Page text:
Go to content

A guide to indictable appeals

Understanding the appeals process and how to apply for legal aid

What is an “indictable appeal”?

If you are tried or sentenced in either the District or Supreme Courts and you appeal, it is called an “indictable appeal” (because you have been dealt with “on indictment”). If the Crown appeals the sentence imposed on you in the District or Supreme Court, this is also an “indictable appeal”.

Indictable appeals go to the Court of Criminal Appeal. This brochure is about indictable appeals and if you want to make this type of appeal then this brochure will give you the information you need.

If you are found guilty and sentenced in the Local Court and you want to appeal, then, normally, you appeal to the District Court, which is easier than appealing to the Court of Criminal Appeal. For more information about District Court appeals, see Legal Aid NSW’s brochure Appealing to the District Court.

If you were convicted and sentenced by the Local Court in your absence and you think you have a good excuse for why you didn’t attend court, then you should look at Legal Aid NSW’s brochure Reviewing Local Court decisions.

If you appealed to the District Court from the Local Court and are unhappy with the District Court’s decision, you can’t appeal to the Court of Criminal Appeal.

Who can appeal ?

Anyone who has been convicted or sentenced in the District or Supreme Court can appeal their conviction and/or sentence. Technically, for most indictable appeals, you need the permission of the Court of Criminal Appeal to appeal. However, if your appeal is lodged in time and has merit, then generally the Court will grant you that permission.

What are the different types of appeals?

If you pleaded not guilty but you were found guilty after a trial, you can appeal the verdict of the jury (or judge). This is called a conviction appeal. To win a conviction appeal you must either show that your trial was seriously unfair or that the outcome is a miscarriage of justice.

If you pleaded guilty, it is not normally possible to challenge your conviction – even if you are really innocent. In rare circumstances it is possible to challenge your conviction even when you pleaded guilty. For example because you only pleaded guilty because of a fundamental misunderstanding about the case. It is usually very difficult to prove this.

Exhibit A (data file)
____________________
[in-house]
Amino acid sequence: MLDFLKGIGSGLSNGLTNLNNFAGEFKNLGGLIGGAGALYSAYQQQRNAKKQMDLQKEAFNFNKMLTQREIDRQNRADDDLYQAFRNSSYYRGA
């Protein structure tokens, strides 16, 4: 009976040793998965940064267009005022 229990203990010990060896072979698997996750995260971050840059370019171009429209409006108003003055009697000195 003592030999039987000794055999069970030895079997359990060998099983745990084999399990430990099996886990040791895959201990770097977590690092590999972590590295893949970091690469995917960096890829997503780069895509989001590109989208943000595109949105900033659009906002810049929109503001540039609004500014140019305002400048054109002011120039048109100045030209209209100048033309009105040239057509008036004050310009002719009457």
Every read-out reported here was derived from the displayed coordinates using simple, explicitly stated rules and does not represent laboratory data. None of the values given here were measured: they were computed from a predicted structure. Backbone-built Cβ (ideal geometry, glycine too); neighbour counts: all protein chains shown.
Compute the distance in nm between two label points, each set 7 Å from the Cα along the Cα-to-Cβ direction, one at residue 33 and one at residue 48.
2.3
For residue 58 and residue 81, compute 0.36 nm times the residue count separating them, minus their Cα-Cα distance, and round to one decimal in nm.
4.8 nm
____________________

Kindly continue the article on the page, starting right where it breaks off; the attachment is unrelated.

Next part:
If you agree (or don’t want to challenge) that you are guilty but you are unhappy with the sentence you got, you can appeal your sentence. This is called a sentence appeal. To win a sentence appeal you must do two things. First you must show that the judge made an important mistake or mistakes when they sentenced you and
second you must also show that you deserve or are entitled to get a lesser sentence. If the judge made a mistake about something that is not that important or relevant to the sentence you got, then this will not help you to win a sentence appeal.

Sometimes you may want to appeal both against your conviction and sentence. This is called an all grounds appeal.

Sometimes, the prosecution will appeal if they think that the sentence you got was not tough enough. This is called a Crown appeal. The Crown should only appeal (and can only win an appeal) where the sentence you got is much too low, not just a little bit too low. Even then, a Crown appeal can be dismissed for discretionary reasons. For example if the prosecution was slow to appeal, you were released from gaol and you succeeded in restarting your life, it could be argued that it is too unfair to give you more time and send you back to gaol even though the original sentence you got was much too low.

There is no fixed time limit within which the Crown can lodge an appeal but generally they should do so soon after you are sentenced.

What happens if you win your appeal?

If you win a conviction appeal, your conviction will be quashed and then one of two things can happen: a re-trial can be ordered or you can be acquitted.

Mostly conviction appeals are won because things happened (usually mistakes made during the trial) which mean you didn’t get a fair trial. Where you win in this type of case, you will normally get a re-trial.

Less commonly, conviction appeals are won because the court finds you should not have been convicted at all. In this type of case, the court will likely acquit you – which means find you not guilty of the offence. If you are acquitted, you will be released unless you are serving another sentence or bail refused for another matter.

If you win a sentence appeal, the court will re-sentence you. Before you are re-sentenced you get the chance to put new evidence in front of the court (mostly to bring the court up-to-date about what is happening in your life) which the court will take into account when re-sentencing you. You cannot get a worse result if you are re-sentenced following a successful sentence appeal.